Introducing customers with disabilities to accessible fixed-route service used to be about creating choices and providing independence. While it still accomplishes these things, the reality is that a primary goal of increasing the use of fixed-route service has rapidly become the bottom-line, one that is growing at exponential rates as more and more active seniors and people with disabilities use paratransit services at increasingly higher levels.
Fueled by the beginning of baby boomer retirements, greater community accessibility and greater educational, work and recreational opportunities, seniors and people with disabilities are starting to use public transit. For many, this means paratransit service. Couple the increased demand with the increased cost to provide such service, and you have the “perfect storm.” Trip lengths are increasing as communities grow, vehicle wait times are increasing as more trips are medical related, and more young and active people with disabilities are using paratransit services on a regular basis. As all transit providers know, the cost for providing these essential services falls squarely on our shoulders. Transit providers face annual double-digit cost increases that appear to have no end in sight. At Lane Transit District (LTD), the costs associated with paratransit service have increased more than 300 percent over the past decade, but more alarming is the fact that these trends are not slowing, which means that difficult budget decisions lie ahead.
Demand for all public transit services is growing. Funds already are being stretched by rising fuel and personnel costs. What’s the answer?
Unfortunately, it appears that part of the answer positions paratransit services against fixed-route services. With only so many service dollars to go around, paratransit becomes the heavyweight, while fixed-route service battles to stay in the fight. With the Americans with Disabilities Act in its corner, complementary paratransit services will be funded, and there is little question that they should be. However, at a time when demand for fixed-route service is at an all-time high, this situation is most challenging.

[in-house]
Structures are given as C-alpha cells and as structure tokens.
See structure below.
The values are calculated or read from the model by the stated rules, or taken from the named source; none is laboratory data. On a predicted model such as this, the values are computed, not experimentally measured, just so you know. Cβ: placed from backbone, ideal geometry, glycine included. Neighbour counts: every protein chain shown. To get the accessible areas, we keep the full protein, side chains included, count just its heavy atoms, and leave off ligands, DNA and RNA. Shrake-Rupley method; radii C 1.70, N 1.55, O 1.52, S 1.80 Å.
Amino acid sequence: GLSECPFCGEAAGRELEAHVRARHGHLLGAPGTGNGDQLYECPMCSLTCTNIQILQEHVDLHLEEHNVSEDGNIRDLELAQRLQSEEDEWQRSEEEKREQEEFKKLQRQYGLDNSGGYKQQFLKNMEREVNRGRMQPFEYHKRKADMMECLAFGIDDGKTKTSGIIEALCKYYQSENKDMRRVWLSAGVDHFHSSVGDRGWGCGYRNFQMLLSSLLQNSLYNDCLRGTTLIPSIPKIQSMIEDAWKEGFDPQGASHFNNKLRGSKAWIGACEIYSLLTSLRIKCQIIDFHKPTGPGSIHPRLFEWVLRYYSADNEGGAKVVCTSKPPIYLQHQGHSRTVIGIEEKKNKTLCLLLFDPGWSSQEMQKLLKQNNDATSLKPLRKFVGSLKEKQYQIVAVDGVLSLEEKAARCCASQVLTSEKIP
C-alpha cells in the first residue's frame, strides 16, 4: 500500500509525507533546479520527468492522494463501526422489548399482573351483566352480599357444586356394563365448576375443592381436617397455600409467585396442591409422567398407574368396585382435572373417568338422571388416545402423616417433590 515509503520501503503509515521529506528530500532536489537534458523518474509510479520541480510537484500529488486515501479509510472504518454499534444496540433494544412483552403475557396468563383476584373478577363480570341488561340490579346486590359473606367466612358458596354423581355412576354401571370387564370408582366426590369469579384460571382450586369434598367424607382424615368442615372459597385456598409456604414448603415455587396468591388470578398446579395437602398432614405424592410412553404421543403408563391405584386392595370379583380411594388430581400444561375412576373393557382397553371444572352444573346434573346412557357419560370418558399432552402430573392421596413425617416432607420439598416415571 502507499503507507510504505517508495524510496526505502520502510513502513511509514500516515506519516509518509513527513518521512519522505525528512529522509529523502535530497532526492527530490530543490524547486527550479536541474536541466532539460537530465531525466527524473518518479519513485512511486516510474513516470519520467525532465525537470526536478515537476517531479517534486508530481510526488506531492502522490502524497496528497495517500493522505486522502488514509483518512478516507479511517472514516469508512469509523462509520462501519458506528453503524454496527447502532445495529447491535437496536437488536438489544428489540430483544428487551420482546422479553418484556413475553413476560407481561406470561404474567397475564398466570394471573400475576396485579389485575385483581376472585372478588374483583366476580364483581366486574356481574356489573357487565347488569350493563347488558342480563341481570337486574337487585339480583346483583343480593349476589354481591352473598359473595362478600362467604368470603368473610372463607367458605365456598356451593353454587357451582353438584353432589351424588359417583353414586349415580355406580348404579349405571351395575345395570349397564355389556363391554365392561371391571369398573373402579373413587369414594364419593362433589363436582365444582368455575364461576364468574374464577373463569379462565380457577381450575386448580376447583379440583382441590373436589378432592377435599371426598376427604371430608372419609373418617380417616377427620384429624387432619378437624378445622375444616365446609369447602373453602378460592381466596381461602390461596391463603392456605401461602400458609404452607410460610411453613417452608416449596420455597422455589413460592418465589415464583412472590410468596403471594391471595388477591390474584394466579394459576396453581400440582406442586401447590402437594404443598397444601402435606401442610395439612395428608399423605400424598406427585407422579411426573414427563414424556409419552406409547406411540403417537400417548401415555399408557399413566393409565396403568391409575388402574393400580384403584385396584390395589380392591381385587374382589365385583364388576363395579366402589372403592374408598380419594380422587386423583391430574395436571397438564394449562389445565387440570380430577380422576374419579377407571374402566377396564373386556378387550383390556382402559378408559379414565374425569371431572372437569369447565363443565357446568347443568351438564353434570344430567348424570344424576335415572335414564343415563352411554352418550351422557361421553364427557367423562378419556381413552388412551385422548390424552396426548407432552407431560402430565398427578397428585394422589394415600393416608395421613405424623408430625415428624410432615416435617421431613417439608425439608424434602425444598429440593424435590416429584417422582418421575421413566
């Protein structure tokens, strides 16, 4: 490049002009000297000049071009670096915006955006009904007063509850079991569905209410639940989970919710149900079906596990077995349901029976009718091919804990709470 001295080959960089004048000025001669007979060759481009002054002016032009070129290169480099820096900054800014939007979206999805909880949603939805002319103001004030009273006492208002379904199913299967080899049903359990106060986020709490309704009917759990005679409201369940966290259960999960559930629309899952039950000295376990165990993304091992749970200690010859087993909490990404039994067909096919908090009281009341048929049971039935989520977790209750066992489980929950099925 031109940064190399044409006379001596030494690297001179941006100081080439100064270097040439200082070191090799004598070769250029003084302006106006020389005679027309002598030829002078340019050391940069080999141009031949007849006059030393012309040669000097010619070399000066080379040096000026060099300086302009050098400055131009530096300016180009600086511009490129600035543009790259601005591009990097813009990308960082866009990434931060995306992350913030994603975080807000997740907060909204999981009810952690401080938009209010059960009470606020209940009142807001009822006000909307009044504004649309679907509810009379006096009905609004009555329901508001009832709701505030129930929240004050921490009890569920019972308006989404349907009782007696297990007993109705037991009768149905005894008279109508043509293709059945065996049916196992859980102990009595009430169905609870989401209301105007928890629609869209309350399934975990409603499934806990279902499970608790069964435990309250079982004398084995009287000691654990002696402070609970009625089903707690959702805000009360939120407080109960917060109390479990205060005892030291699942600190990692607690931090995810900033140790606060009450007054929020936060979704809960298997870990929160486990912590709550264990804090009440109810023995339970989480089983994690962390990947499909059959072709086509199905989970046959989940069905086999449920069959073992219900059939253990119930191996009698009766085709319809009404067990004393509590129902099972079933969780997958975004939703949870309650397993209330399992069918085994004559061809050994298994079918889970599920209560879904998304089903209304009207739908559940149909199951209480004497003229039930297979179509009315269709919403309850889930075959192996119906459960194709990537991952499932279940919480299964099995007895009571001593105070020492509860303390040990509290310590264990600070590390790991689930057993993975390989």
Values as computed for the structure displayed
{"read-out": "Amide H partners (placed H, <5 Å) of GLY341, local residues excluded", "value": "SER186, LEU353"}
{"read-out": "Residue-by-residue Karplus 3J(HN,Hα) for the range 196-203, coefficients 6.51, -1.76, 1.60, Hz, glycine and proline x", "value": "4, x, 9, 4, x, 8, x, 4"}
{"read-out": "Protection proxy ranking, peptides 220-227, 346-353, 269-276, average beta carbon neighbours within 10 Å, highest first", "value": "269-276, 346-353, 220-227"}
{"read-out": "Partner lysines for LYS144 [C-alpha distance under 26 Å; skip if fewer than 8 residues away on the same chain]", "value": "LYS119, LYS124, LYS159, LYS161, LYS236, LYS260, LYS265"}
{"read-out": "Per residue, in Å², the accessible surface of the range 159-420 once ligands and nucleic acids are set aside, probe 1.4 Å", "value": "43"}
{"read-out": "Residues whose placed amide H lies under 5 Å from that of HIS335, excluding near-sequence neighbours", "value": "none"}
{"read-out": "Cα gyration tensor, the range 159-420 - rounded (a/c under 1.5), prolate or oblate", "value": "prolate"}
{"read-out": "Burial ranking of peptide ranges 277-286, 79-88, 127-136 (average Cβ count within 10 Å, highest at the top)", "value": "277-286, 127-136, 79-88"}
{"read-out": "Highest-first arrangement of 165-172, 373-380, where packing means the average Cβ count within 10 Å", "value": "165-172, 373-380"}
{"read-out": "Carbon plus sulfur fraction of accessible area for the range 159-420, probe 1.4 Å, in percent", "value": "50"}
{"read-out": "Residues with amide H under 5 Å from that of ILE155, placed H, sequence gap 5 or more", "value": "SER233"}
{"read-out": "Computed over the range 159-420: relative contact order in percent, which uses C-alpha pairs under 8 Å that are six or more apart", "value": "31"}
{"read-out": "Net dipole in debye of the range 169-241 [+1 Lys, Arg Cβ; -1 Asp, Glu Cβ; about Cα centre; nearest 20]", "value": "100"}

LTD has long been an advocate for service to seniors and people with disabilities. It achieved 100 percent fixed-route accessibility in 1985. Innovative programs like travel training and transit hosts have been in place for many years, and a strong relationship with local agencies and advocates has established a foundation of collaboration and coordination. LTD hopes to create an opportunity to realize new efficiencies and is in the process of instituting a centralized transportation call center. The Lane Council of Government’s Senior & Disabled Services Department has dedicated case management positions to serve as call takers for Medicaid non-emergency medical transportation trips for Lane County residents for a very long time.
LTD is taking the ambitious step of creating a call center combining the Medicaid transportation program and all other human services transportation options and programs (such as ADA, Lane County Developmental Disability services, services to a local pre-school program for children with disabled parents) into a “one-stop shopping” call center for eligible participants. When the call center is operational, customers will have a single telephone number to call to arrange their transportation, regardless of how the services are funded or what program they are affiliated with. A great concept, but the “devil is in the details.”
It is unlikely that this or any other single strategy will be the “silver bullet” that districts are looking for to solve this complicated problem. The answer likely will involve a range of strategies, and it will be different for different properties. Whether or not creating a call center will yield the desired efficiencies LTD is seeking will not be known for a couple of years — a couple of years when the demand and cost for paratransit services will continue to rise. As an industry, we must continue to ask these questions: